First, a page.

Athletes have been struggling to train as gyms and other sports facilities have been closed since the virus that broke out in China late last year spread to all of the world's seven continents except Antarctica.
More than 380,000 people have been infected and over 16,000 who contracted the pneumonia-causing COVID-19 have died, according to data compiled by Johns Hopkins University.
As the World Health Organization has warned that "the pandemic is accelerating," scores of Olympic qualifiers and major sports tournaments have been canceled, while travel restrictions have been imposed across the globe.
The IOC has said that so far only 57 percent of athletes have been qualified for the forthcoming games, although the Olympic flame was lit on March 12 in Greece as planned and it arrived in Japan on Friday.
The 121-day Japanese leg of the torch relay that would have covered about 850 municipalities across Japan's 47 prefectures was canceled before its start on Thursday from Fukushima, one of the hardest-hit prefectures in the 2011 earthquake, tsunami and ensuing nuclear accident.
Japan and the IOC had until only recently said the Tokyo Olympics would go ahead as planned despite the deepening global coronavirus crisis.
But the IOC said Sunday it would study alternative plans for the Olympics and make an assessment within the next four weeks.
"If it's difficult to hold the games in a complete way, we have to decide to postpone them, giving top priority to (the health of the) athletes," Abe said in parliament on Monday, meaning that there would be spectators as usual and no downsizing involved.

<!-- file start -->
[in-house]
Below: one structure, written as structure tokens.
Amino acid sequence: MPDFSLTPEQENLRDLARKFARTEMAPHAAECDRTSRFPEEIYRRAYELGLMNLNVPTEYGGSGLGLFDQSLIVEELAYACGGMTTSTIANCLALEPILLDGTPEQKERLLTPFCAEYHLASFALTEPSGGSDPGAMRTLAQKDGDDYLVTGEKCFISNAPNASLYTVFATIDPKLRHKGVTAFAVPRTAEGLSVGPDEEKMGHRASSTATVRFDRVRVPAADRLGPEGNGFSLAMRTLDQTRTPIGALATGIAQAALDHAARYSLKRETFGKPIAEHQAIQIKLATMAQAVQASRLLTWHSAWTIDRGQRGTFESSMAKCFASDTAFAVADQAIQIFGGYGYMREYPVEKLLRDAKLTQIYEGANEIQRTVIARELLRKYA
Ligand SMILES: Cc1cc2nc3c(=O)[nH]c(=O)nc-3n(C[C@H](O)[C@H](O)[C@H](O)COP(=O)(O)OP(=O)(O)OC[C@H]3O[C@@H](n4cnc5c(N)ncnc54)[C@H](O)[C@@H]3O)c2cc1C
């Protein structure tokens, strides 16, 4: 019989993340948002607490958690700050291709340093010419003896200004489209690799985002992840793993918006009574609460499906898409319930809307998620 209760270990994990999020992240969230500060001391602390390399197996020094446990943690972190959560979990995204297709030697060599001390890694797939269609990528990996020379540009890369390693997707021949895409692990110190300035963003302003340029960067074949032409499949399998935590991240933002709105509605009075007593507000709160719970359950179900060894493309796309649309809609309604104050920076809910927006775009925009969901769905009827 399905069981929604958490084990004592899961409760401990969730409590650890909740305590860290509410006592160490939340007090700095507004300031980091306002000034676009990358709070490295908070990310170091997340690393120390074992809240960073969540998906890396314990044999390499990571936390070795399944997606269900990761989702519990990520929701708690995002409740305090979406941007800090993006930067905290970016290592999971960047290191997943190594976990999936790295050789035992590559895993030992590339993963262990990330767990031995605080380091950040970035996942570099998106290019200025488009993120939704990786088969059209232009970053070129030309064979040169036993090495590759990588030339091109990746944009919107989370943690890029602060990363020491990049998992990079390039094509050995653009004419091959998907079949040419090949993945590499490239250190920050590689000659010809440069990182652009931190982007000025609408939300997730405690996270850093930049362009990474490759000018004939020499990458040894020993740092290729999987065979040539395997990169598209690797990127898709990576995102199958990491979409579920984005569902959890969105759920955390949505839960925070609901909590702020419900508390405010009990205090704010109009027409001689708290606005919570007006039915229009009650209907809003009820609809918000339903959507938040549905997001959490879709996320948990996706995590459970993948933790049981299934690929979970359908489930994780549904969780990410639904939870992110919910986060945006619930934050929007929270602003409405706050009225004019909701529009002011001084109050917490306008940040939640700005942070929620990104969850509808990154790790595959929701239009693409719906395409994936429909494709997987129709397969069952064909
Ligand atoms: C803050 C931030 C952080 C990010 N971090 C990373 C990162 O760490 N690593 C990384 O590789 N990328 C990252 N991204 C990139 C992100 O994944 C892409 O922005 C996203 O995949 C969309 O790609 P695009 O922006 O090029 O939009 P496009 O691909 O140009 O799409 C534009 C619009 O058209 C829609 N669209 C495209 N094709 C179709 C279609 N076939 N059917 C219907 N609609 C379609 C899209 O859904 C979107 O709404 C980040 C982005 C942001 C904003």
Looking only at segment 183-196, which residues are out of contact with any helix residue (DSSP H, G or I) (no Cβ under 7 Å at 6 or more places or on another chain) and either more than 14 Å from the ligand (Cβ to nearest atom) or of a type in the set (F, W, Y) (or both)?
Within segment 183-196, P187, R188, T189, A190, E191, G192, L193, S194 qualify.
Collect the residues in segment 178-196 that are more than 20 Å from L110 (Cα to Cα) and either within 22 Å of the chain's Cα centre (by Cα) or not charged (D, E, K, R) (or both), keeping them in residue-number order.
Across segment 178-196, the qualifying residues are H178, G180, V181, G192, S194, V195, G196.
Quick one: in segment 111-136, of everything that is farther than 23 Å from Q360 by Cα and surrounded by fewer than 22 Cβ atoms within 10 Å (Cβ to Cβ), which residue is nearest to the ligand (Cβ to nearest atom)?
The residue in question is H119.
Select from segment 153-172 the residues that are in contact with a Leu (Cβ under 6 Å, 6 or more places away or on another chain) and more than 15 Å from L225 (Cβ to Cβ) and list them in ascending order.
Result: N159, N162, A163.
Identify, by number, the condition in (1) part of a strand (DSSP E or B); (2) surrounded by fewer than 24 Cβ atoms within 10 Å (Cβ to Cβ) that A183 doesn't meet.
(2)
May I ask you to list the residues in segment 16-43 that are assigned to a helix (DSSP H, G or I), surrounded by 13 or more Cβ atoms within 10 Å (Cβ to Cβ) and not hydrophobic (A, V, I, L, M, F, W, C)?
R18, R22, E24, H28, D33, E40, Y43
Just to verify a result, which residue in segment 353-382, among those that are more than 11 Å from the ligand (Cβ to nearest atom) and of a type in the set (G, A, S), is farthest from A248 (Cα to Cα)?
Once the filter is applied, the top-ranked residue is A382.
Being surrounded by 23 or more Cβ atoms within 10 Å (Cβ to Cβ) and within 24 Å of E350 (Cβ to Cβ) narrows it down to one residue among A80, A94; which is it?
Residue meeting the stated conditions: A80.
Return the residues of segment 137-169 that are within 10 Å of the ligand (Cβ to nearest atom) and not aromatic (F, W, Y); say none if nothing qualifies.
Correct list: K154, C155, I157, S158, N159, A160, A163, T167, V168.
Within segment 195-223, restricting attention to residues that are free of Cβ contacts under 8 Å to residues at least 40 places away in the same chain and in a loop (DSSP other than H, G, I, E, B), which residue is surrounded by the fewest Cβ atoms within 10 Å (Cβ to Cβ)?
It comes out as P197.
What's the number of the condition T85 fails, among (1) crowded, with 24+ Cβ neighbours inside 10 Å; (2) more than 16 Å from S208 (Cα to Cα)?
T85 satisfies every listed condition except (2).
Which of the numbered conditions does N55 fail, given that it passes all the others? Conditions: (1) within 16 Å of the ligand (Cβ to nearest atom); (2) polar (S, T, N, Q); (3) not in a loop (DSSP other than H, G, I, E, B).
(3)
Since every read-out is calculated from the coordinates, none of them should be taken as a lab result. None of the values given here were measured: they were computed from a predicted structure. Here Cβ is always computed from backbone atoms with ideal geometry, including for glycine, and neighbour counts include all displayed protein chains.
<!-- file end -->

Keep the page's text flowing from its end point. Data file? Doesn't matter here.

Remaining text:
It is still possible for Abe to witness the Olympics as prime minister if they are held in the summer of 2021 as his current term as president of the ruling Liberal Democratic Party ends in September that year.
The following is a chronology of major events related to the Tokyo Olympics and coronavirus outbreak.
Sept. 7, 2013 -- Tokyo wins bid to host 2020 Summer Olympics.
Jan. 24, 2014 -- Tokyo Olympic organizing committee established.
June 9, 2017 -- International Olympic Committee approves official Olympic program featuring 339 events across 33 sports.
May 9, 2019 -- First Olympic ticket lottery starts in Japan.
Oct. 16 -- IOC announces plan to relocate marathon and race walking events to Sapporo due to heat concerns.
Jan. 30, 2020 -- World Health Organization declares coronavirus outbreak a Public Health Emergency of International Concern.
Feb. 4 -- Tokyo Olympic organizing committee sets up task force to deal with coronavirus outbreak.
Feb. 27 -- IOC President Thomas Bach says IOC "fully committed" to holding Olympics on schedule.
March 11 -- WHO calls coronavirus outbreak a "pandemic."
March 12 -- Olympic flame lighting ceremony held at site of ancient Olympia in Greece without spectators. U.S. President Donald Trump suggests postponing Tokyo Olympics for one year.
March 13 -- Greek leg of Olympic torch relay canceled over fear of spreading virus.
March 22 -- IOC says it will consider alternative scenarios for Olympics, including postponement.
March 24 -- Bach, Japanese Prime Minister Shinzo Abe agree to postpone Tokyo Olympics by one year.